Hoosier Hall of Fame: Purdue’s Giant Leaps
Ripple Effects: One Purdue University grad’s apprenticeship under the first-ever aviators sets the course for an out-of-this-world legacy.
This story is part of Indianapolis Monthly’s 2016 Indiana Bicentennial coverage, which includes our list of the 200 Hoosier Hall of Fame picks, designated throughout in bold or highlighted. For more on this celebration of the state’s first two centuries, click here.
The Amelia Earhart timeline.
The Pearl Harbor timeline.
The Gus Grissom timeline.
The Neil Armstrong timeline.
The David Wolf timeline.
J. Clifford Turpin, a young engineer and Purdue grad, begins working for Orville and Wilbur Wright
Turpin helps them improve their fledgling flying machine’s engine and gets aviating lessons from Orville, becoming the first Purdue alum to take to the air.
Mechanical-engineering professor Cicero Bailey Veal launches Purdue Aero Club
Caught up in the school’s growing enthusiasm for flying, Veal presents lectures such as “Aviation Problems of the Past, Present, and Future.”
Alum George Haskins lands an airplane on campus
After touching down, Haskins delivers a resolution from Purdue’s Dayton, Ohio, alumni group proposing a School of Aviation Engineering. He will become one of the school’s first aeronautical-engineering professors.
Purdue becomes first U.S. university to offer college credit for flight training
The move is controversial among faculty but championed by President Edward C. Elliott.
Elliott hires Amelia Earhart
Earhart acts as career counselor for women until her 1937 disappearance. On campus, she visits early aeronautical-engineering classes.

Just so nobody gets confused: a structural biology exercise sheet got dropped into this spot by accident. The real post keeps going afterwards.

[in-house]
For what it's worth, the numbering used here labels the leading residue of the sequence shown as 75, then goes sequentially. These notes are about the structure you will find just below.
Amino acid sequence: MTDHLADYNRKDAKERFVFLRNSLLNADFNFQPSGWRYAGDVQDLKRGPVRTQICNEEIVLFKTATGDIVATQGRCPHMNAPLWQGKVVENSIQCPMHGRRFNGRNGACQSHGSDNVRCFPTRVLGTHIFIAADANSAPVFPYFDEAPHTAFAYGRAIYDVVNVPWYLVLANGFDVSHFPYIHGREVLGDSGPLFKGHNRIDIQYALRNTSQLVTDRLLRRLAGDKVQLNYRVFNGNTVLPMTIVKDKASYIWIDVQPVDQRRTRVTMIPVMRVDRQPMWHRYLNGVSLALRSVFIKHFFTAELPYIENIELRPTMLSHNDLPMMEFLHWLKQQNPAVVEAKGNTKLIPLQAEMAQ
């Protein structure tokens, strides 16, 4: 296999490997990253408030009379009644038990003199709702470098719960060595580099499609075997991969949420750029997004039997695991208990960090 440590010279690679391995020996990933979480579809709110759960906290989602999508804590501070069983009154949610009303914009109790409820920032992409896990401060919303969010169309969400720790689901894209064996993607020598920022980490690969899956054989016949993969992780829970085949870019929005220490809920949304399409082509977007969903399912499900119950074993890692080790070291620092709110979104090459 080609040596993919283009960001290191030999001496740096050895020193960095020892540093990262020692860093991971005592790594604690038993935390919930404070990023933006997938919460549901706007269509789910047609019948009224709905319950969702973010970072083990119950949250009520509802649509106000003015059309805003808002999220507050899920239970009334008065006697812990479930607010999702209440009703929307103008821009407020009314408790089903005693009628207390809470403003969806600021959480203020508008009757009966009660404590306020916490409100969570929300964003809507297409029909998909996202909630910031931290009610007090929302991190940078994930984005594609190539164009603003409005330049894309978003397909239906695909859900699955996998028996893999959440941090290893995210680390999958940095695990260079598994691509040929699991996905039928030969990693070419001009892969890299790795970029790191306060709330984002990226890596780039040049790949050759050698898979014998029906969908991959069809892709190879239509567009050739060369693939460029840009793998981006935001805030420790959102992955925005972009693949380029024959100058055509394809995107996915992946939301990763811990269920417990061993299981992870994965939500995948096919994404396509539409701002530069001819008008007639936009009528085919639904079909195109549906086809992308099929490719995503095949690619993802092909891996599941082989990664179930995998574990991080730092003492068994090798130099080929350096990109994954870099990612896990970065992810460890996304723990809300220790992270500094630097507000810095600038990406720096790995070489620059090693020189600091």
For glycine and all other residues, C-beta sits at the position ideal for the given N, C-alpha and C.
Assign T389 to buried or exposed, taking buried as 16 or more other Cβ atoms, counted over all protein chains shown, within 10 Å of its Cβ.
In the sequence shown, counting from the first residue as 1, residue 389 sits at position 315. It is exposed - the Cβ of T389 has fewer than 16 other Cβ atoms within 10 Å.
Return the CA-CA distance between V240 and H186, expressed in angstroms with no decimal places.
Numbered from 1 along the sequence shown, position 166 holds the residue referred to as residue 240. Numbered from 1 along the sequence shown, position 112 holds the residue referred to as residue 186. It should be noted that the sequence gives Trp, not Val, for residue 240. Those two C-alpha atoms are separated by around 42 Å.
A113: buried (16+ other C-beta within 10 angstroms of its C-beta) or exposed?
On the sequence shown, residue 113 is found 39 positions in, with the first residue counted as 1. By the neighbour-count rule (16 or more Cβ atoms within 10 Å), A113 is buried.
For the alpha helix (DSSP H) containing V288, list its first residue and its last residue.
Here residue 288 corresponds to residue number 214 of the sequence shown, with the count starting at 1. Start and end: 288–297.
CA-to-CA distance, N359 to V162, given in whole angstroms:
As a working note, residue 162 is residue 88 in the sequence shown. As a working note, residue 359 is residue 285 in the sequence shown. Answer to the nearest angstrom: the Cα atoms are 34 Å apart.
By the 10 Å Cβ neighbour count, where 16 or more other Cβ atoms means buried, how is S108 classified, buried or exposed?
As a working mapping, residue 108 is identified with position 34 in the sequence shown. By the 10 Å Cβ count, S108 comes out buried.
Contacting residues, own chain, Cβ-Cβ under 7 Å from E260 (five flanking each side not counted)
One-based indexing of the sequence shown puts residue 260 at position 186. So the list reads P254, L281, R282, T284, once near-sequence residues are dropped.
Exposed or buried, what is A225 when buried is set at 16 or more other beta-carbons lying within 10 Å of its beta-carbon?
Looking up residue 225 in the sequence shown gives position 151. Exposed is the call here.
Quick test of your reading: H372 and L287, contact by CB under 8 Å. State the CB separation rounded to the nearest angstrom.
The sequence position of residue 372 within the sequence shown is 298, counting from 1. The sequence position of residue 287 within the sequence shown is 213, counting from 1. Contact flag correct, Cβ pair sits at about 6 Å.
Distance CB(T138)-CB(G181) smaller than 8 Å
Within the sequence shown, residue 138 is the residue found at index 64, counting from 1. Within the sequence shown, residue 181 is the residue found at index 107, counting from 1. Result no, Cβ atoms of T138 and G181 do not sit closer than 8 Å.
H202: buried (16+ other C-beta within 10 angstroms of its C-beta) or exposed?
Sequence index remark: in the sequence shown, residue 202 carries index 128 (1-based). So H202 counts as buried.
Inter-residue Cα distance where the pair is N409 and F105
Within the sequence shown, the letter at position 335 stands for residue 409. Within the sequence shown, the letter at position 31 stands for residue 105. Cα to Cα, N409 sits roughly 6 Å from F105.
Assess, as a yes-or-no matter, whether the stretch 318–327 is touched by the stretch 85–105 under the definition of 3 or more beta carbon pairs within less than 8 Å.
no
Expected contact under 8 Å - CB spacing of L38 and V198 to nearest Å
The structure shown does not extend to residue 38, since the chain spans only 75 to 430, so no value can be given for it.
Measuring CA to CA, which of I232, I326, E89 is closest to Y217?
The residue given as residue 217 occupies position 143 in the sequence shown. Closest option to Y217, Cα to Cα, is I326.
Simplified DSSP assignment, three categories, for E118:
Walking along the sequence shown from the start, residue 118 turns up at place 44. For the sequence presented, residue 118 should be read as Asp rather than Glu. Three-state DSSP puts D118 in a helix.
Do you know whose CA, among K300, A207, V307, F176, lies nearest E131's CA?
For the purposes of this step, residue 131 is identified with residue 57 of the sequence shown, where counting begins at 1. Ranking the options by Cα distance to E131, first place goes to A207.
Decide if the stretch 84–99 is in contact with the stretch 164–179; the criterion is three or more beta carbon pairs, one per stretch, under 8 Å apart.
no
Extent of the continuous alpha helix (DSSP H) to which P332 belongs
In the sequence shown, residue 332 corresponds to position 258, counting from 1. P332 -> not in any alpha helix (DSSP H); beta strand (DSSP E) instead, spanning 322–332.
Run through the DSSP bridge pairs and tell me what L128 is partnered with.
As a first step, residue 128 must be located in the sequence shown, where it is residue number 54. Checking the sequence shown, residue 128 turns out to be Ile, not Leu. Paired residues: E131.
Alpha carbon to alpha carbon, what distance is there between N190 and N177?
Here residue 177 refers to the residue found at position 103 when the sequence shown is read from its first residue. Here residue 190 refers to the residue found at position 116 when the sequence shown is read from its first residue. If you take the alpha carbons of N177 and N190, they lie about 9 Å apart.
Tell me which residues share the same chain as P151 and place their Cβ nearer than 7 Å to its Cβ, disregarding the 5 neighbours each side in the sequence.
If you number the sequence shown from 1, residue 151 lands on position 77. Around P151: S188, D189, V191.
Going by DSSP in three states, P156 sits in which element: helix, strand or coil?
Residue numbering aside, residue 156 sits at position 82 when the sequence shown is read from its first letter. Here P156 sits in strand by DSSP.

During the attack on Pearl Harbor, former Purdue student George Welch and fellow pilot Kenneth Taylor shoot down the most Japanese planes
Welch’s heroics help establish Purdue as an important aviation-training ground for the U.S. military.
Pearl Harbor debuts in theaters
Many critics believe the two lead characters—played by Ben Affleck and Josh Hartnett—are based on Purdue’s Welch and another U.S. pilot.
Purdue’s first school of aeronautical engineering opens
Virgil “Gus” Grissom enrolls at Purdue
The Mitchell native, also a WWII vet, earns a mechanical-engineering degree, and then flies for the Air Force in the Korean War.
Grissom travels in space, the second American to do so
An original Project Mercury astronaut, he barely escapes from his Liberty Bell 7 craft after an apparent malfunction causes it to sink in the ocean. (In 1967, Grissom will command the Apollo 1 test launch, in which he and two others become the first Americans killed in pursuit of space travel.)
Publication of Tom Wolfe’s The Right Stuff
Grissom’s Liberty Bell 7 accident provides dramatic conflict in Wolfe’s bestselling account of the Mercury missions and the Oscar-nominated 1983 movie.
Neil Armstrong graduates from Purdue’s school of aeronautical engineering
He will later be selected for the U.S. Air Force Man in Space Soonest program.
Armstrong is the first man to walk on the moon
Before returning to earth, he leaves a patch from Grissom’s fatal Apollo 1 mission behind.
Indy native and Purdue electrical engineering grad David Wolf enters the NASA astronaut program
NASA shuttle Columbia takes flight on mission STS-58
Including Wolf and fellow Purdue alum John Blaha, STS-58 is considered perhaps the most successful space-laboratory mission ever, conducting critical research into the effects of space on human physiology. Wolf will go on to enjoy space walks and stints on the International Space Station.
Purdue claims the third-highest number of astronaut alumni—23—among non-military institutions